As millennials grew into the largest generation in the workforce over the past few years, we’ve been treated to a deluge of breathless media coverage about how uniquely difficult they were to deal with and how they were ruining everything. From chain restaurants to jewelry, along with job loyalty and the 9-to-5 workday, the list of American institutions millennials are charged with killing is nearly endless. Meanwhile, business leaders have wrestled with the seemingly vast complexities their entry to the workforce has created. Most of the work-related challenges have proven to be more myth than truth, as our research at CEB (now Gartner) has found, along with other investigations by the Economist and the Pew Research Center, but the conventional wisdom endures that millennials are entitled, need constant hand-holding, and are therefore unusually hard to manage.
It appears the newest generation entering the workforce, Generation Z, is being similarly prejudged, according a recent survey of managers profiled by SHRM’s Dana Wilkie. In it, 36 percent of managers said they believed that Generation Z would be more difficult to manage than previous generations, while 29 percent believe it will be more difficult to train employees from Generation Z, 26 percent say it will be more difficult to communicate with the newest generation, and even 20 percent of millennial managers believe Generation Z represents a threat to company culture.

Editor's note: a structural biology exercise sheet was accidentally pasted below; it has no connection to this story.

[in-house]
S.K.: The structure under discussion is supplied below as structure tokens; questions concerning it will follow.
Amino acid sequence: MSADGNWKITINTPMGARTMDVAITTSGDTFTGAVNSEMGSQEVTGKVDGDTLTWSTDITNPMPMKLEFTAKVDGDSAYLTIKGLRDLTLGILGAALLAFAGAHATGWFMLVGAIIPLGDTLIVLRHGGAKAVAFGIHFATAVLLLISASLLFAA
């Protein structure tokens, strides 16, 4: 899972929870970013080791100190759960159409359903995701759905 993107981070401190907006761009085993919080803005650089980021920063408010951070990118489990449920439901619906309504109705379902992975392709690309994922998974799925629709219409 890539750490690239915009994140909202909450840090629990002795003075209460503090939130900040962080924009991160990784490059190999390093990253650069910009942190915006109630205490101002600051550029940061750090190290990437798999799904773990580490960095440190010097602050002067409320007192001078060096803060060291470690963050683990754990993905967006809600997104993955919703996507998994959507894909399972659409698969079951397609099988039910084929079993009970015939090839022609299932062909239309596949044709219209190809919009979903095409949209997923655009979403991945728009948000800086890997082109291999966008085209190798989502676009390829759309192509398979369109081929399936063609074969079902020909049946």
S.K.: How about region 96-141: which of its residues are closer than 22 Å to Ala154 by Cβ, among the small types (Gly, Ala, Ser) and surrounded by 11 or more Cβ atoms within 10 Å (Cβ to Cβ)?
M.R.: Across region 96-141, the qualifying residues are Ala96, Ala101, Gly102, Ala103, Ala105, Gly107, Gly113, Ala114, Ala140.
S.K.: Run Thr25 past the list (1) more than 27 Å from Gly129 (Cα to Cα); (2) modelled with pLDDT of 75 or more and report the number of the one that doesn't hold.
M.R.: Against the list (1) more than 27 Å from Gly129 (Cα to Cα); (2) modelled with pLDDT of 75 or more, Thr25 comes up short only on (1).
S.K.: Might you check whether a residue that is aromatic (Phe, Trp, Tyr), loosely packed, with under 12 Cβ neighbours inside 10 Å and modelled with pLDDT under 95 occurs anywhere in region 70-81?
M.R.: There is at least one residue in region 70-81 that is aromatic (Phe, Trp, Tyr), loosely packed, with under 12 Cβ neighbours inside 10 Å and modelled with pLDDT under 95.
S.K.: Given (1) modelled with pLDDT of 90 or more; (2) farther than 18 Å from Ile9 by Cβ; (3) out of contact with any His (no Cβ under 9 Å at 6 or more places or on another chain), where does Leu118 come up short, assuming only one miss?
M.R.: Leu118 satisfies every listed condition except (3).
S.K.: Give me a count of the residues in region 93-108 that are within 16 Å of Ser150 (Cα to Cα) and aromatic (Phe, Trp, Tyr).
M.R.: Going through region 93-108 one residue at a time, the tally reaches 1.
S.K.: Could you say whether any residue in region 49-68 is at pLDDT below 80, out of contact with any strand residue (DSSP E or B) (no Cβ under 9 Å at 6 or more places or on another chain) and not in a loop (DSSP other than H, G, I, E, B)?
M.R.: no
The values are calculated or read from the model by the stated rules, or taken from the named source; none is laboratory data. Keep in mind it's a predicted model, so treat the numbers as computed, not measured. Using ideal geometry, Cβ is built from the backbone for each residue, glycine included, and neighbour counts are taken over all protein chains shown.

“There is a tendency and expectation of instantaneous gratification,” said Jeff Corbin, CEO of APPrise Mobile, the employee communications company which conducted the study. “They want the answers now. They are all about tweets and short responses. As a result, many Gen Zers are going to be too quick to respond rather than deliberate and thoughtful. … [T]he concept of professionalism, formality and quality in communications may be a foreign one to many in Gen Z, which could be problematic to older generations.”
It never hurts to be reminded that not everything you hear about millennials is true: In fact, most stereotypes about this generation turn out to be incorrect. Looking at US and European labor market data, the Economist is the latest to realize that in the US at least, millennials aren’t doing much job-hopping after all:
Data from America’s Bureau of Labour Statistics show workers aged 25 and over now spend a median of 5.1 years with their employers, slightly more than in 1983 (see chart). Job tenure has declined for the lower end of that age group, but only slightly. Men between the ages of 25 and 34 now spend a median of 2.9 years with each employer, down from 3.2 years in 1983.
This finding is old news to readers of Talent Daily or our research at CEB, now Gartner: A Pew study debunked the millennial job-hopper based on Labor Department data earlier this year, whereas a Namely survey released this summer found that tenures were shortening, but that older employees were job-hopping as much as millennials were.